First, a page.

Groundwater quality has been deteriorating in this area for some time. In the Jericho region, for example, dissolved chloride concentrations have increased from 100 milligrams per liter to over 2000 milligrams per liter during the last decade. Continuation of this groundwater deterioration threatens the water sources linked to the success of current and future agricultural and domestic economies. Currently there are no technologies available for assessing the causes and sources of this salinization or to prevent its further effect. Research tools that address the type, extent, and mechanisms of salinization are needed in order to begin protecting these vital resources. The general project objective is to improve the sustainability of groundwater resources in the lower Jordan Valley by understanding the current and future effects of groundwater salinization, a major cause of degrading potable water supplies. The ultimate goal will be to develop a numerical groundwater model to quantify the contributions of the different salinity sources to the salinization of the groundwater in this region.
We propose a joint, collaborative project to collectively gain improved understanding of the regional hydrology in the lower Jordan Valley. Our approach will couple state-of-the-art isotopic and geochemical fingerprinting methods with advanced numerical modeling techniques. Successful modeling requires comprehensive databases and tested conceptual models of groundwater flow. Existing data will be used to conceptualize groundwater flow and to form an initial framework for computerized groundwater modeling. Additional and newer types of data, such as isotopic and geochemical characteristics of the groundwater, as well as a series of “inverse” models, will be used to refine the conceptual and numerical models of the system so as to further delineate saline sources and predict their impact on future water quality in the area.
8. Tracing the Sources of fossil water in a thick clay-rich aquitard: Boron Isotope Geochemistry
Fossil water contains information on past geological environments which can be used to reconstruct the evolution of the hydrosphere. Clay-rich glacial tills and clay deposits in marine and continental settings provide the natural setting to examine such fossil fluids. This is due to low hydraulic conductivieties in which the velocity of advective transport is minimal (e.g. a few mm a year). In such aquitard systems the main salt and water transport is dominated by diffusion process. Thus, the history and basin evolution can also be reconstructed by the geochemical fingerprints of water that is entrapped in clay deposits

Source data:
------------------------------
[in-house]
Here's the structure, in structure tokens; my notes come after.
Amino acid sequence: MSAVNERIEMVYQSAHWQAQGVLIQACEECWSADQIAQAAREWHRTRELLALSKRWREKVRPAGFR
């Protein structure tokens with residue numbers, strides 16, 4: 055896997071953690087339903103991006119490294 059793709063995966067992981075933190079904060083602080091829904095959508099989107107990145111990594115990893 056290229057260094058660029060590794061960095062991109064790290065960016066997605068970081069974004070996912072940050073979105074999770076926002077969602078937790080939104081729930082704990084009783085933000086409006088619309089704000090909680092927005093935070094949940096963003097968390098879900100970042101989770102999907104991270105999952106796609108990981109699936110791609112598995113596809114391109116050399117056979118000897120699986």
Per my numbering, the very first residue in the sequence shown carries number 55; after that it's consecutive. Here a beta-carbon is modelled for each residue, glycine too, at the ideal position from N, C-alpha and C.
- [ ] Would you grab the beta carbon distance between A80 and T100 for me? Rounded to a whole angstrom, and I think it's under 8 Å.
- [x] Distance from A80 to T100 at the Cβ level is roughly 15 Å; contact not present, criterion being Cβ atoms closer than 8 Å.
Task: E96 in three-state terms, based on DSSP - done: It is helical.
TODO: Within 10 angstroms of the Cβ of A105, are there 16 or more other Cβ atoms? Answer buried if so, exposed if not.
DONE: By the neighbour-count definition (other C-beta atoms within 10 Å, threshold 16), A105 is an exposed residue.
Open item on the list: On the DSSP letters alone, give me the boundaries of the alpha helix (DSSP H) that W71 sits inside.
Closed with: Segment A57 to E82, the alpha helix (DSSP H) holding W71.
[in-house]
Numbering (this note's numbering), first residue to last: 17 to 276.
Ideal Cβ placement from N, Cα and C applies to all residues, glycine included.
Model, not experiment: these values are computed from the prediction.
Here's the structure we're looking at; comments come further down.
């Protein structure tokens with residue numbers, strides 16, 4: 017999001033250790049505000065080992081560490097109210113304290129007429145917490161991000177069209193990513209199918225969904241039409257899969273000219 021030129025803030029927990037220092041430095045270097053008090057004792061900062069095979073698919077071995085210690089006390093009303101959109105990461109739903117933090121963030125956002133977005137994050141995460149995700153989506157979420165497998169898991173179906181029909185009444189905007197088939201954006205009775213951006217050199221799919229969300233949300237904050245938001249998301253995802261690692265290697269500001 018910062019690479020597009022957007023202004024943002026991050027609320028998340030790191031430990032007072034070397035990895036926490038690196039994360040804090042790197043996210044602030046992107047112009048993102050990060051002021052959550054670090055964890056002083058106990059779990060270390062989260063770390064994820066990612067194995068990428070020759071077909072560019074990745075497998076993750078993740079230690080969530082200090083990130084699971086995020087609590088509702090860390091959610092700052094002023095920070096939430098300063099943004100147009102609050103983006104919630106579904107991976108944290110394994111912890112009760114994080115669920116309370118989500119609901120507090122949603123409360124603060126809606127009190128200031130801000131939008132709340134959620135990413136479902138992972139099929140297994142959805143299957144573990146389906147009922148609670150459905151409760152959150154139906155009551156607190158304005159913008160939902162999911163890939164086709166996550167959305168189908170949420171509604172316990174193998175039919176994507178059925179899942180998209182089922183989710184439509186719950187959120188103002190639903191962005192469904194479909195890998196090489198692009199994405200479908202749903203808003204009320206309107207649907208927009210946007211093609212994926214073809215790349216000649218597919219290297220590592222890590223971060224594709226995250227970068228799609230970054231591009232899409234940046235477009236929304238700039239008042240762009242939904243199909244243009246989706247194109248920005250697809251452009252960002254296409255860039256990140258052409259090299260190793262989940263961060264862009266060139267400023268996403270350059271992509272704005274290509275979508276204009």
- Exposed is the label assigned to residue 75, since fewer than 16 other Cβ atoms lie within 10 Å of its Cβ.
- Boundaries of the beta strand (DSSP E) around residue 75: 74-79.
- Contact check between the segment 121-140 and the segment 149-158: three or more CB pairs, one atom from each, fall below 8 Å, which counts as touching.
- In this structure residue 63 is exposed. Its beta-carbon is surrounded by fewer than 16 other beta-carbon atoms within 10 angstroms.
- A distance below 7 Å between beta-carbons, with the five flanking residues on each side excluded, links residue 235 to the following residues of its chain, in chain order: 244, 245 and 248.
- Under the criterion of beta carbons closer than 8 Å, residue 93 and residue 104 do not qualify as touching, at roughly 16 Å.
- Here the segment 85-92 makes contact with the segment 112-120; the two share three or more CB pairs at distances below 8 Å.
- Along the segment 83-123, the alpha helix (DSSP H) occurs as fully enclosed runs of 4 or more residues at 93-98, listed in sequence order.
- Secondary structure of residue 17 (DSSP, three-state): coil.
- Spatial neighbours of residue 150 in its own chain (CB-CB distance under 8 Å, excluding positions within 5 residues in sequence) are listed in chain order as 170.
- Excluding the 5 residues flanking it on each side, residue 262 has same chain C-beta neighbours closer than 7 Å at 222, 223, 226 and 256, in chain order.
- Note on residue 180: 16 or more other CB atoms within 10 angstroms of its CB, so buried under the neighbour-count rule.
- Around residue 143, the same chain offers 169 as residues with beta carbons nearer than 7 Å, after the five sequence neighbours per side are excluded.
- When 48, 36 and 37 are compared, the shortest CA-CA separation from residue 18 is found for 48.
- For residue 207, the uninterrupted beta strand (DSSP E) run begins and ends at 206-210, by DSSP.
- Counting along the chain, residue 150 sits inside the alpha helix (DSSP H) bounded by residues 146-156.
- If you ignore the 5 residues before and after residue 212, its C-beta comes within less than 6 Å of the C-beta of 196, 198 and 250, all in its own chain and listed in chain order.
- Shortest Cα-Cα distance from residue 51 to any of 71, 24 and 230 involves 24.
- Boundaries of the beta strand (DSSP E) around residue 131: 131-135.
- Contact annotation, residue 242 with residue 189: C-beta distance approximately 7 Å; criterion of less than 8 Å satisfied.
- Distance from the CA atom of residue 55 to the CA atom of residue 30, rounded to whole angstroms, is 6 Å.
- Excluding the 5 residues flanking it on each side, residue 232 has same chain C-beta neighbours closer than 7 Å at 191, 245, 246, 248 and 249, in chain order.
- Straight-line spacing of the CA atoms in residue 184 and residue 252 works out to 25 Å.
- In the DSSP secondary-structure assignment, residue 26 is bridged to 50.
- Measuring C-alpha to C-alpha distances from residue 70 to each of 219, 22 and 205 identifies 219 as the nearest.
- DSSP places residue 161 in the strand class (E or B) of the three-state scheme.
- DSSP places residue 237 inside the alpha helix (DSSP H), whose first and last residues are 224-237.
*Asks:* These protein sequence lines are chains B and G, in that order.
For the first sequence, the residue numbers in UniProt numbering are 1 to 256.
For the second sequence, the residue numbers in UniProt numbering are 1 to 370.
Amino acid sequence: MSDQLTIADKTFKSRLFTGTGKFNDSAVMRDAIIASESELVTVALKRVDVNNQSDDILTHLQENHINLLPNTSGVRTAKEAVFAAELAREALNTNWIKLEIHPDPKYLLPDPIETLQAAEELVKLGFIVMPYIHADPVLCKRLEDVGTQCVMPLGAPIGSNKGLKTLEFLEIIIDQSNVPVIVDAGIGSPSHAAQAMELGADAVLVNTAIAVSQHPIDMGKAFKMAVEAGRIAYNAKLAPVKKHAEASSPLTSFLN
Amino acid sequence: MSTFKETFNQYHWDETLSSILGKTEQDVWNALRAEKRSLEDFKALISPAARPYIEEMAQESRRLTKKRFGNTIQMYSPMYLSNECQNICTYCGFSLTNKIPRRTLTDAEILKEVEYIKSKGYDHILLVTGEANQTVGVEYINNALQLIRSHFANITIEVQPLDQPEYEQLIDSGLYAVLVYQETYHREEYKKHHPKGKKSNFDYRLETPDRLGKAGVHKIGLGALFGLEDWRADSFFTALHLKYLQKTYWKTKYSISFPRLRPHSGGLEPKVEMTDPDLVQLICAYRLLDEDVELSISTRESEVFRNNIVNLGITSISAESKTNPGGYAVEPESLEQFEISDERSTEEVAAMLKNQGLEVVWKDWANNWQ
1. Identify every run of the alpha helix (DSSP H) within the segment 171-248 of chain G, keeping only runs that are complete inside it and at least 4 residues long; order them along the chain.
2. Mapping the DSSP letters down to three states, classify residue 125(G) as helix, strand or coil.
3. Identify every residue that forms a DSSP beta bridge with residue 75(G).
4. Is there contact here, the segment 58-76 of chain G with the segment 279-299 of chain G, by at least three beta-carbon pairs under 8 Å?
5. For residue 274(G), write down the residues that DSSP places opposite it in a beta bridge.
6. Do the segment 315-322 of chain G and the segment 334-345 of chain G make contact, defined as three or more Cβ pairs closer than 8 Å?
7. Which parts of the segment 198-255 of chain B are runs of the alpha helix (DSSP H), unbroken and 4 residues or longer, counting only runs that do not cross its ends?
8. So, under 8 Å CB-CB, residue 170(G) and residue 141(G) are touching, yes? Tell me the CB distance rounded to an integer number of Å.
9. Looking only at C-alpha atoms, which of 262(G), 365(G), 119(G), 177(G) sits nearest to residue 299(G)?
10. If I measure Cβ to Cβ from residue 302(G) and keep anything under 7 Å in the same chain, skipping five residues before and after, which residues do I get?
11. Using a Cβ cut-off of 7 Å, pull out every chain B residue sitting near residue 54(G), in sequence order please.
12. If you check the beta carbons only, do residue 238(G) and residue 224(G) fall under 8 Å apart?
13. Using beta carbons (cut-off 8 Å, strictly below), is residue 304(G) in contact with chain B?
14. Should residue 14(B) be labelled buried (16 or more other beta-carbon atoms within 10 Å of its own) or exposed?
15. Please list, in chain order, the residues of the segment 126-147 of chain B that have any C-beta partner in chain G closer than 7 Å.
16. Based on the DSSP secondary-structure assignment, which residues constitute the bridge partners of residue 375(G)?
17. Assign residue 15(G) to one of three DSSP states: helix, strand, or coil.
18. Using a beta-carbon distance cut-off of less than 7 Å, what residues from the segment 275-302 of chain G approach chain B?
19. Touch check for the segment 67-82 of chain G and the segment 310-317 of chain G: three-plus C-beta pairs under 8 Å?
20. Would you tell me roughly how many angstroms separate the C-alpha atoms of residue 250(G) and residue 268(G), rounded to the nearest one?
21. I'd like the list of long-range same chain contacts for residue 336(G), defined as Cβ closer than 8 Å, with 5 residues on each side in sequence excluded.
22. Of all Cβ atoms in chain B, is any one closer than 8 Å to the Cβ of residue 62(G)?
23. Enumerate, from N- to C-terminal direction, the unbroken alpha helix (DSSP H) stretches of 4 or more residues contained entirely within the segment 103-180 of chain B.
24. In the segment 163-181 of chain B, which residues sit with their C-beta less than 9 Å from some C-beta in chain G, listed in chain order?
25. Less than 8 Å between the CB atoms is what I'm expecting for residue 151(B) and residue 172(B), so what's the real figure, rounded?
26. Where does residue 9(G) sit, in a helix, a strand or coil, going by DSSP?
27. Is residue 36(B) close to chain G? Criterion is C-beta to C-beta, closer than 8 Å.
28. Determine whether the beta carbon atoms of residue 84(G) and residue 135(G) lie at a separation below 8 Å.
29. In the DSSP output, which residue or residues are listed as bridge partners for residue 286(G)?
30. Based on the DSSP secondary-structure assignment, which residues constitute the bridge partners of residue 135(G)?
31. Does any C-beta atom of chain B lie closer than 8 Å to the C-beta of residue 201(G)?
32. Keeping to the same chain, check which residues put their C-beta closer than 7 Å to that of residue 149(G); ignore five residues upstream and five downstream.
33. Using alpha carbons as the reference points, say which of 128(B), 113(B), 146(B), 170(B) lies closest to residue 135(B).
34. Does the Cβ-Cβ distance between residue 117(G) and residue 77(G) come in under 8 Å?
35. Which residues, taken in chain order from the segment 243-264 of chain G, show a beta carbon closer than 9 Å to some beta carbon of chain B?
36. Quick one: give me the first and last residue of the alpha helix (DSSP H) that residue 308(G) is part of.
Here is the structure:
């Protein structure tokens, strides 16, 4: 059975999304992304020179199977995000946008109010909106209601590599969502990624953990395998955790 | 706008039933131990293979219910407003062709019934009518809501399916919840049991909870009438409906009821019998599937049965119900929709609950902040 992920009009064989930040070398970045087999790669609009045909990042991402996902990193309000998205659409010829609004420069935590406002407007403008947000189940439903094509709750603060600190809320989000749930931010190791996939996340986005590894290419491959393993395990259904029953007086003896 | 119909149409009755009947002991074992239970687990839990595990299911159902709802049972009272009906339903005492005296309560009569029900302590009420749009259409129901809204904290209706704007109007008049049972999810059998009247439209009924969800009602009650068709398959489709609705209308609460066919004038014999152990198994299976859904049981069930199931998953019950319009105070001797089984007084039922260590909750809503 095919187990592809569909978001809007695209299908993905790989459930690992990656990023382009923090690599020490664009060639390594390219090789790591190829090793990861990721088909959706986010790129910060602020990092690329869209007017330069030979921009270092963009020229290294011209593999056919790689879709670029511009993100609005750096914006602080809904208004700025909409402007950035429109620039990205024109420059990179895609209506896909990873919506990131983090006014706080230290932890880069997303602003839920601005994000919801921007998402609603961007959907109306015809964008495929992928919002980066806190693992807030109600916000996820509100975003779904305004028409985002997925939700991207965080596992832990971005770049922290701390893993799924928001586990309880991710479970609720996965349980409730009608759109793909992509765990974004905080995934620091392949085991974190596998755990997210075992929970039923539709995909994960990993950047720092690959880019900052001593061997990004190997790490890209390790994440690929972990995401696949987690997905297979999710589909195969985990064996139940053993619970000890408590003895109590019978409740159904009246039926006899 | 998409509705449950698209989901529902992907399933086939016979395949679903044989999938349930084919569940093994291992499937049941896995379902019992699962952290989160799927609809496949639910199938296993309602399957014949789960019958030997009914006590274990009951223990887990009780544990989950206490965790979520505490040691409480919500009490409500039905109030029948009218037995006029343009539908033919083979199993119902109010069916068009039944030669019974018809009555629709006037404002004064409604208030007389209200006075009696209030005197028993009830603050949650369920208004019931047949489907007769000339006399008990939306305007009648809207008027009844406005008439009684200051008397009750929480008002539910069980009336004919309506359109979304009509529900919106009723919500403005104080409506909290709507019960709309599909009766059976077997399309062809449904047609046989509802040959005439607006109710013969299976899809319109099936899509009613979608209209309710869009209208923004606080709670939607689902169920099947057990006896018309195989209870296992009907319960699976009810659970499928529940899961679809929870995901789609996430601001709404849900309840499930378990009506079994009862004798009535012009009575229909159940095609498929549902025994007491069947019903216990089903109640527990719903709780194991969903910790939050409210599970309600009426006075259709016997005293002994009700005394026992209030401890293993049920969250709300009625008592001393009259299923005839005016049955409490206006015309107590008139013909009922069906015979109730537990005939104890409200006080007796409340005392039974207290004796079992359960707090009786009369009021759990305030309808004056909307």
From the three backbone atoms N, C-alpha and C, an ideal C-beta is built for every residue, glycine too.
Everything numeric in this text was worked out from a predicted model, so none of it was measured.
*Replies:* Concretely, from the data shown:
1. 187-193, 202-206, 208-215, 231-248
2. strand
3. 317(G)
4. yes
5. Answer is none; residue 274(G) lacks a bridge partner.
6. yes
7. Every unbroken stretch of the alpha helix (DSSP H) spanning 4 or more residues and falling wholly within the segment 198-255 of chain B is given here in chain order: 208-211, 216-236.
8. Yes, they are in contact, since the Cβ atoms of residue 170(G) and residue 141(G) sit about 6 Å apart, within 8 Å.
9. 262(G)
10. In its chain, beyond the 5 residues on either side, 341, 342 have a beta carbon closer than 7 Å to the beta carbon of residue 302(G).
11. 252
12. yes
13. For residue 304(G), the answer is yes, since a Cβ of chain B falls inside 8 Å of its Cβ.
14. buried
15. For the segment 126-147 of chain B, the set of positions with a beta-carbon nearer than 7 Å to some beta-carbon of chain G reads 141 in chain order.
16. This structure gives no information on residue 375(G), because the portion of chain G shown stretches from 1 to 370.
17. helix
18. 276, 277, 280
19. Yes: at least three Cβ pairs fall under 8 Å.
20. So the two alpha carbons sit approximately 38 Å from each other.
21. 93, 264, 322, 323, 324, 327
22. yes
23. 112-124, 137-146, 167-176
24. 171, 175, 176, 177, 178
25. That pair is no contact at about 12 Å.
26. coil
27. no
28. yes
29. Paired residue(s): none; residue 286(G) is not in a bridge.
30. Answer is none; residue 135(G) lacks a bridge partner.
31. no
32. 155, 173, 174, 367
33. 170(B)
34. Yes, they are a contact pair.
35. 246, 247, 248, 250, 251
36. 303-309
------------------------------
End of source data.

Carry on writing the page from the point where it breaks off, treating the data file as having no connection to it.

The chemical and boron isotopic compositions of pore water from an aquitard system in a test site in Saskatchewan, Canada was investigated. The aquitard system consists of 80 m of plastic clay-rich Battleford till disconformably overlying 77 m of late Cretaceous plastic marine clay (Snakebite Member). Chemical variations of pore water show conservative mixing relationships between four types of fluids entrapped along the section with distinguished chemical characteristics. The dD values and age-dating of the later (<-175‰, Hendry et al., in press) suggest that glacial meltwater was preserved in the till between 20 to 60 m . The chemical composition of these fluids represents the composition of pristine non-industrial atmosphere. The low Cl/Br ratio (~50) of the entrapped glacial meltwater is similar to that of modern inland precipitation which might suggest that bromide enrichment in the atmosphere can also be a natural process. The Na-Cl-HCO3 and the marine boron isotope composition of the saline water from the Cretaceous clay suggest that fossil seawater that was entrapped in the clay sediments was subsequently flushed by freshwater which modified the composition of the original seawater.
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Vengosh, A. and Starinsky, A. (1993). Relics of evaporated sea water in deep basins of the Eastern Mediterranean. Marine Geology, 115; 15-19.
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Vengosh, A., Starinsky, A. and Chivas, A.R., (1994). Boron isotopes in Heletz-Kokhav oilfield brines, the Coastal Plain, Israel. Israel Journal of Earth Sciences, 43; 231-237.
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Eisenhut S., Heumann, K.G. and Vengosh, A. (1996). Determination of boron isotopic variations in aquatic systems with negative thermal ionization mass spectrometry as a tracer for anthropogenic influences. Fresenius Journal of Analytical Chemistry , 354, 903-909.
Vengosh, A. and Keren R. (1996). Chemical modifications of groundwater contaminated by recharge of sewage effluent. Journal of Contaminant Hydrology , 23, 347-360.
Vengosh, A. and Pankratov I. (1998) Chloride/bromide and chloride fluoride ratios of domestic sewage effluents and associated contaminated ground water. Ground Water., 36, 815-824.
Vengosh, A., De Lange, G.J., Starinsky A. (1998). Boron isotope and geochemical evidence for the origin of Urania and Bannock brines at the eastern Mediterranean: Effect of water-rock interactions. Geochimica Cosmochimica Acta. 62, 3221-3228.